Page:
Month Day
March 09

Christopher Wallace—a.k.a. The Notorious B.I.G.—is killed in Los Angeles

If all publicity is good publicity, then New York-based Bad Boy Entertainment and Los Angeles-based Death Row Records got better publicity than they ever could have purchased as a result of the feud that broke out between the two companies in the mid-1990s. As the artists associated with the two hip-hop record labels traded taunts and insults on their records and onstage, the hip-hop press covered every twist and turn, and soon the mainstream media were breathlessly declaring a so-called “bi-coastal rap war.” The rivalry was incredibly good for business. It propelled Sean “Puffy” Combs’s Bad Boy Entertainment and Marion “Suge” Knight’s Death Row Records into the spotlight, selling millions upon millions of both labels’ records in the process. But the “East Coast vs. West Coast” beef also took the lives of two of hip-hop’s biggest stars: Tupac Shakur and Christopher Wallace, a.k.a. “The Notorious B.I.G.” After dominating the hip-hop industry during years of record growth in the mid-1990s, that feud finally came to an end with the shooting death of Wallace on a crowded Los Angeles street on March 9, 1997.

Christopher Wallace was a Brooklyn-based rapper whose 1994 album, Ready to Die, was largely responsible for making Bad Boy Records a success. On the night he was killed, Wallace was riding in the passenger seat of a GMC Suburban when a Toyota Land Cruiser pulled up alongside him at corner of Wilshire Boulevard and Fairfax Avenue. The driver of the Land Cruiser opened fire on Wallace, fatally wounding him before speeding away. Dozens of eyewitness accounts allowed the Los Angeles Police Department to develop a detailed reconstruction of the shooting and a composite sketch of the gunman, but Wallace’s murder remains unsolved more than a decade later.

It was widely speculated that Wallace’s killing was in some way related to the similar killing of Tupac Shakur in Las Vegas some seven months earlier in similar physical circumstances. While no evidence has ever come to light of Wallace’s involvement in Shakur’s death, Shakur had publicly accused Wallace of involvement in a 1994 attempt on his life—an accusation that greatly escalated the East Coast-West Coast feud and made Wallace and Shakur into its most prominent participants.

In the months following Christopher Wallace’s death, the East Coast-West Coast feud may have faded away, but fan interest in its participants has not. Wallace’s second and most successful studio album, Life After Death, was released less than three weeks after he died, and “new” material by both Tupac Shakur and the Notorious B.I.G. continues to be released posthumously more than 10 years after both artists’ passing.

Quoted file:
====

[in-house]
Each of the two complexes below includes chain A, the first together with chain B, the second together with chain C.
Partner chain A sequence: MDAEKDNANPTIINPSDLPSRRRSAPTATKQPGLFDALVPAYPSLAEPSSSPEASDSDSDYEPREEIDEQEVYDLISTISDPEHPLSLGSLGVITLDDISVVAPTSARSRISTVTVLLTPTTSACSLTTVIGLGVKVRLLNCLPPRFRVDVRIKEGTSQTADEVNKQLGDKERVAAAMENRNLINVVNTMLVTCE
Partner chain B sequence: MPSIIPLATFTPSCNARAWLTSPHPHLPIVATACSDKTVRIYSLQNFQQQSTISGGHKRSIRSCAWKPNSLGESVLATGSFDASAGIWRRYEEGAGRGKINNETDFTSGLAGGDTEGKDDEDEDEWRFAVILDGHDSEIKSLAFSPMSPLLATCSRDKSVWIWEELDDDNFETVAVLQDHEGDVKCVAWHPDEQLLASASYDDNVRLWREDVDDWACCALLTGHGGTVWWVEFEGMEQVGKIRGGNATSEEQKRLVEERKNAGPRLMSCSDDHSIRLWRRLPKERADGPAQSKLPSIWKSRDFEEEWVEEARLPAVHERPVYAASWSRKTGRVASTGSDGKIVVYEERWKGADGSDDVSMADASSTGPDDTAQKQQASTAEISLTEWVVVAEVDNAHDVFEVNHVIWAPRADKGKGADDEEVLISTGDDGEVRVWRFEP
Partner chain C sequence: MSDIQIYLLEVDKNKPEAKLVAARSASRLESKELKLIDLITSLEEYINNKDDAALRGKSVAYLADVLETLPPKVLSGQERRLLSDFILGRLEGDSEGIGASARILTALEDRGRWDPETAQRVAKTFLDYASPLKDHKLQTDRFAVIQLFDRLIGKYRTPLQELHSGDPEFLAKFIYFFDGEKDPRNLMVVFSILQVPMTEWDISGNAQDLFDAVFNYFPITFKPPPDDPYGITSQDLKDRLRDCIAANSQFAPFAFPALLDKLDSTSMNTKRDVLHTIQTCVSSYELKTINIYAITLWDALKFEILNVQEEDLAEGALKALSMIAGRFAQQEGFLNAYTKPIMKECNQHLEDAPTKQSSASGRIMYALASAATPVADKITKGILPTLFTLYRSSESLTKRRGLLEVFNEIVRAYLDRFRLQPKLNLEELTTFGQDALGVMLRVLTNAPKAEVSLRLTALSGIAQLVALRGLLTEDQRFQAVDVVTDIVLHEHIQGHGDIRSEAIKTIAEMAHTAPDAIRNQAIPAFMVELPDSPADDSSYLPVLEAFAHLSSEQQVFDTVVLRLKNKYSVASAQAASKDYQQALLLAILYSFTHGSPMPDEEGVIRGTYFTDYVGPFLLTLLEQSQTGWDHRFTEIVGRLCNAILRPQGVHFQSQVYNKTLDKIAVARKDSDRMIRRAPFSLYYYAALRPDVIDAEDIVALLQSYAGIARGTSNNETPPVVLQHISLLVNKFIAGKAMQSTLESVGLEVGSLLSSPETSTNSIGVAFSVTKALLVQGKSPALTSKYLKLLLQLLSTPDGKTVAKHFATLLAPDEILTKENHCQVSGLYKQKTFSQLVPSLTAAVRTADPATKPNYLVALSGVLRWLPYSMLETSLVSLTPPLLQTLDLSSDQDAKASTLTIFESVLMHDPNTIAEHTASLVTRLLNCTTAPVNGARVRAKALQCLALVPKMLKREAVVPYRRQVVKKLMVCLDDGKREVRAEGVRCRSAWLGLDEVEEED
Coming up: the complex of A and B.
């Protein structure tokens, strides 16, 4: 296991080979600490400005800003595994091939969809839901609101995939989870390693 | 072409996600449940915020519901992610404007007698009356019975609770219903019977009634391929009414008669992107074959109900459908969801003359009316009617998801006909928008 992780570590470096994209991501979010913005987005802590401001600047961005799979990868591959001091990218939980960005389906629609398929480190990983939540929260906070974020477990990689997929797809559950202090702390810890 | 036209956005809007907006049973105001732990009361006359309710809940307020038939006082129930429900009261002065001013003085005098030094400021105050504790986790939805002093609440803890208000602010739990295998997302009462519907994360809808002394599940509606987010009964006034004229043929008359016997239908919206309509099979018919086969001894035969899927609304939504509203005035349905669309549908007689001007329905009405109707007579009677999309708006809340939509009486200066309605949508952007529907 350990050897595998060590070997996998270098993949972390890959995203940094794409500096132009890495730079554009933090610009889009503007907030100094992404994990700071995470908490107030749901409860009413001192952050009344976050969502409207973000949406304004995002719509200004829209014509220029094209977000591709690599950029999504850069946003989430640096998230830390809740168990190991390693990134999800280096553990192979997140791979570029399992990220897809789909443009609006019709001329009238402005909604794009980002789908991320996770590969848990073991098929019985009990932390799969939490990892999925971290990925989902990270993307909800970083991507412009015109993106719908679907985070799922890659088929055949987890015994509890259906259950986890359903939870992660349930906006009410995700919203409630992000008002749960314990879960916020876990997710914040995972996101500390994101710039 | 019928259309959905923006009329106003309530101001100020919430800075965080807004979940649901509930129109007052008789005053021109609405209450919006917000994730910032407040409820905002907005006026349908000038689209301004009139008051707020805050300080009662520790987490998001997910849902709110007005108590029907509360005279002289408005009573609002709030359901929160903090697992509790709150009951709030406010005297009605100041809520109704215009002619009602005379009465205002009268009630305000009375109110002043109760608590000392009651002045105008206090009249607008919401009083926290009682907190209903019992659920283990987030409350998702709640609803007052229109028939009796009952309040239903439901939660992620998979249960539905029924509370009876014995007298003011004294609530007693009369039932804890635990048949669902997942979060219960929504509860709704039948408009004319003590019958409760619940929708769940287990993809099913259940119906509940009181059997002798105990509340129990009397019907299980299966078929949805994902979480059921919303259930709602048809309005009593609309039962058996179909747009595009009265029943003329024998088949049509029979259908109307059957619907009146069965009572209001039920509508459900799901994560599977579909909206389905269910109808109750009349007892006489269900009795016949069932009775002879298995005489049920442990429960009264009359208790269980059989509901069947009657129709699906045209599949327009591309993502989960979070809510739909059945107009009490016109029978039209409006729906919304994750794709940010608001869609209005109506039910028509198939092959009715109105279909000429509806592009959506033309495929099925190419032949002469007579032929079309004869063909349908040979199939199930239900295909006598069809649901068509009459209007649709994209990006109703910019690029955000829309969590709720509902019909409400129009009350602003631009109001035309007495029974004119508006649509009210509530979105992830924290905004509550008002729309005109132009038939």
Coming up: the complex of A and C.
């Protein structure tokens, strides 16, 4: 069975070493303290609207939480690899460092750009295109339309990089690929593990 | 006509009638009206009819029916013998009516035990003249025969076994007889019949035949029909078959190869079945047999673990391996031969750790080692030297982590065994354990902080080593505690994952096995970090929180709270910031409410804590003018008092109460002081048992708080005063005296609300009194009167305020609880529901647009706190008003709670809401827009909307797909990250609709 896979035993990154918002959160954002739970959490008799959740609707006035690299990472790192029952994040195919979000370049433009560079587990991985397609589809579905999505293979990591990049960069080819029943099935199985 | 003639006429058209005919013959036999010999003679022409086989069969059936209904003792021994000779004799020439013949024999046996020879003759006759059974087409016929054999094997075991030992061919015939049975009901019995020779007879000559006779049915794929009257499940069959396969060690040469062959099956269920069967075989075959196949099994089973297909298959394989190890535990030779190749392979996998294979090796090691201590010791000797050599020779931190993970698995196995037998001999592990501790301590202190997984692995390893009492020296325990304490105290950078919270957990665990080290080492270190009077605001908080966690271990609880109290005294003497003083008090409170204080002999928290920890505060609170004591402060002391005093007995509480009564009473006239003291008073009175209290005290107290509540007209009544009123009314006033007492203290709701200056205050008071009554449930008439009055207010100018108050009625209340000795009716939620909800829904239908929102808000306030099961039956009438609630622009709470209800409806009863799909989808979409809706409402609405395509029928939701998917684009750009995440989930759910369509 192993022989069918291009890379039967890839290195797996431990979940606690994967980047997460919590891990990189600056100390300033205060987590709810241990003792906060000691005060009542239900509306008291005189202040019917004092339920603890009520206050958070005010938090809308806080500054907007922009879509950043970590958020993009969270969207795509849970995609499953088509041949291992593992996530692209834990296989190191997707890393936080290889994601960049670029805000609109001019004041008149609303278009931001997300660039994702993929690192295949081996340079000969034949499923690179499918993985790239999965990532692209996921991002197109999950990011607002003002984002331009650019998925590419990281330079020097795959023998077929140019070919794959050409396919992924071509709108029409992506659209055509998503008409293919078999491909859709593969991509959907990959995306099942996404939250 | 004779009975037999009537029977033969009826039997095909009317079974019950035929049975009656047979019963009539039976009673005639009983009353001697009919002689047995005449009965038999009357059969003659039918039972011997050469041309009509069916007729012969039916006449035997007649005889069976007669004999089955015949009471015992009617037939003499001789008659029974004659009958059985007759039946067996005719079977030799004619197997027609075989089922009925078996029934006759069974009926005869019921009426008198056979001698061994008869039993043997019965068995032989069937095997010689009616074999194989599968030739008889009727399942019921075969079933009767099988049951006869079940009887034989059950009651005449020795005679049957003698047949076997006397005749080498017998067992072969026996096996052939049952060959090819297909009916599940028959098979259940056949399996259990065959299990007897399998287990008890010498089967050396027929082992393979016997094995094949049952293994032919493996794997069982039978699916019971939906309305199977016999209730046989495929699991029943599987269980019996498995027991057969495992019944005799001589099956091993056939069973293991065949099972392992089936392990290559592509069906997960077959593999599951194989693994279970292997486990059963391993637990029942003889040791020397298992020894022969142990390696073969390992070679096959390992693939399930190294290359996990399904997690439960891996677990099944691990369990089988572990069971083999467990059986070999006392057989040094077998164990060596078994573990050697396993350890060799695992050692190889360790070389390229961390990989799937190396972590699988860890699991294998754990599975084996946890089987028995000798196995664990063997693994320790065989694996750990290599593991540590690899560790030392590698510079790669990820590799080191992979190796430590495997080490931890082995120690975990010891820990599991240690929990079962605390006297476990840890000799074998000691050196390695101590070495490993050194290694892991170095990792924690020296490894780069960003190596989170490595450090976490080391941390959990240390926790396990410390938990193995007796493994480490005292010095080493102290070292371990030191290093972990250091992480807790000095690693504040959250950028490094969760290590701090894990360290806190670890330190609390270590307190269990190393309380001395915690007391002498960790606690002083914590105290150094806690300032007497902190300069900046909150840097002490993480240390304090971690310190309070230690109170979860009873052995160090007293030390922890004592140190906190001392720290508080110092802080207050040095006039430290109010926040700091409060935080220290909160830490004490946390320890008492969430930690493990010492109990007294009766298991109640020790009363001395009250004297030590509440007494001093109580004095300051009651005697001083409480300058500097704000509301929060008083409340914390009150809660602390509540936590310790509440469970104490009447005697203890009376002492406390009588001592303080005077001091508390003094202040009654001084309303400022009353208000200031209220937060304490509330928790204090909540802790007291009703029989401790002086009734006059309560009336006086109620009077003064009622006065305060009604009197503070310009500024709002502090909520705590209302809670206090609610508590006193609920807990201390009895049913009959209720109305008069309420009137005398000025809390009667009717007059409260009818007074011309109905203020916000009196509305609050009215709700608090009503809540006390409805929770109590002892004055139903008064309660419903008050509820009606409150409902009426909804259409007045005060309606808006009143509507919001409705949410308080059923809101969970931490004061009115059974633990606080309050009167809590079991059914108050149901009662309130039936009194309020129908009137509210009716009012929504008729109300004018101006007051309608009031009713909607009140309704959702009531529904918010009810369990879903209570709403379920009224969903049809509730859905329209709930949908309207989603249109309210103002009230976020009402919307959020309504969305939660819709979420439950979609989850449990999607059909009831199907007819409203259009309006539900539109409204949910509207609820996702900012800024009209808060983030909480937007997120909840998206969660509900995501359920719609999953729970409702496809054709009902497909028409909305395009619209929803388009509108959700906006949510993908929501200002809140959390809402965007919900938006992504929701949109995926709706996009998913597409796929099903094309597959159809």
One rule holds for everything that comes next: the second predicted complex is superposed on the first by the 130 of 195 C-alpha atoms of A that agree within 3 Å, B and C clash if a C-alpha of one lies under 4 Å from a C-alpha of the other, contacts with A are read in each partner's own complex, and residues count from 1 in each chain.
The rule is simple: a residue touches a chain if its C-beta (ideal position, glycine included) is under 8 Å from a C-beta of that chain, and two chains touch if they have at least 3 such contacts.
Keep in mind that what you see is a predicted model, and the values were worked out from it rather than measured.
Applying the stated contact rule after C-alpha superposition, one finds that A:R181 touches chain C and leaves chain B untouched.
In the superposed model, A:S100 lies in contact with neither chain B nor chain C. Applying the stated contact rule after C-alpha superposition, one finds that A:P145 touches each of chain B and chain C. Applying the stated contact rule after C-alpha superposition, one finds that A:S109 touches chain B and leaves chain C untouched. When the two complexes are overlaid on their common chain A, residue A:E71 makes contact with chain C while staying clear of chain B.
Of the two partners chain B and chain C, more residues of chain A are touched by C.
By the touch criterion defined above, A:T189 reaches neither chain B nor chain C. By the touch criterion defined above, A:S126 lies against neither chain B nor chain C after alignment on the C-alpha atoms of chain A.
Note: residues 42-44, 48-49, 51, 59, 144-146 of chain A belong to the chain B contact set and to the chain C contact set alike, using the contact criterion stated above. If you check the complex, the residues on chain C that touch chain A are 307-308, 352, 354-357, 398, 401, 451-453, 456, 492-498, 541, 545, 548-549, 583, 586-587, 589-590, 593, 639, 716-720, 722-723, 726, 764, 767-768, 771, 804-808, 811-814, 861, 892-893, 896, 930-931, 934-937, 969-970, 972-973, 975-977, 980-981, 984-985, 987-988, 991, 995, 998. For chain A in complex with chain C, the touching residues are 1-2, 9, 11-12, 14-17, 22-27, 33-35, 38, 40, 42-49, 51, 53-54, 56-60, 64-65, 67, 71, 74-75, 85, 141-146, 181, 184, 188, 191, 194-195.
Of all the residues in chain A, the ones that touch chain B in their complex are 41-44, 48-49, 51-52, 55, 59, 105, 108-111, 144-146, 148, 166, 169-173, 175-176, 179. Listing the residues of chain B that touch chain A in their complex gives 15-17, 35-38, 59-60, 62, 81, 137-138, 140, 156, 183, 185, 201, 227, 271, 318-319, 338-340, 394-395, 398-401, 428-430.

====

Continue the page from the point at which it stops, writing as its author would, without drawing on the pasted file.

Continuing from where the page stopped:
FACT CHECK: We strive for accuracy and fairness. But if you see something that doesn't look right, click here to contact us!


Germany declares war on Portugal

On this day in 1916, Germany declares war on Portugal, who earlier that year honored its alliance with Great Britain by seizing German ships anchored in Lisbon’s harbor. Portugal became a republic in 1910 after a revolution led by the country’s military toppled King Manuel II more

Firebombing of Tokyo

On this day, U.S. warplanes launch a new bombing offensive against Japan, dropping 2,000 tons of incendiary bombs on Tokyo over the course of the next 48 hours. Almost 16 square miles in and around the Japanese capital were incinerated, and between 80,000 and 130,000 Japanese more

Rapper Notorious B.I.G. is killed in Los Angeles

Christopher Wallace, a.k.a Biggie Smalls, a.k.a. the Notorious B.I.G., is shot to death at a stoplight in Los Angeles. The murder was thought to be the culmination of an ongoing feud between rap music artists from the East and West coasts. Just six months earlier, rapper Tupac more

U.S.S. Monitor battles C.S.S. Virginia

On this day in 1862, one of the most famous naval battles in American history occurs as two ironclads, the U.S.S.Monitor and the C.S.S. Virginia, fight to a draw off Hampton Roads, Virginia. The ships pounded each other all morning but their armor plates easily deflected the more

Spanish siege of Pensacola begins

After successfully capturing British positions in Louisiana and Mississippi, Spanish General Bernardo de Galvez, commander of the Spanish forces in North America, turns his attention to the British-occupied city of Pensacola, Florida, on this day in 1781. General Galvez and a more

Eisenhower criticizes McCarthy

On this day in 1954, President Eisenhower writes a letter to his friend, Paul Helms, in which he privately criticizes Senator Joseph McCarthy’s approach to rooting out communists in the federal government. Two days earlier, former presidential candidate Adlai Stevenson had more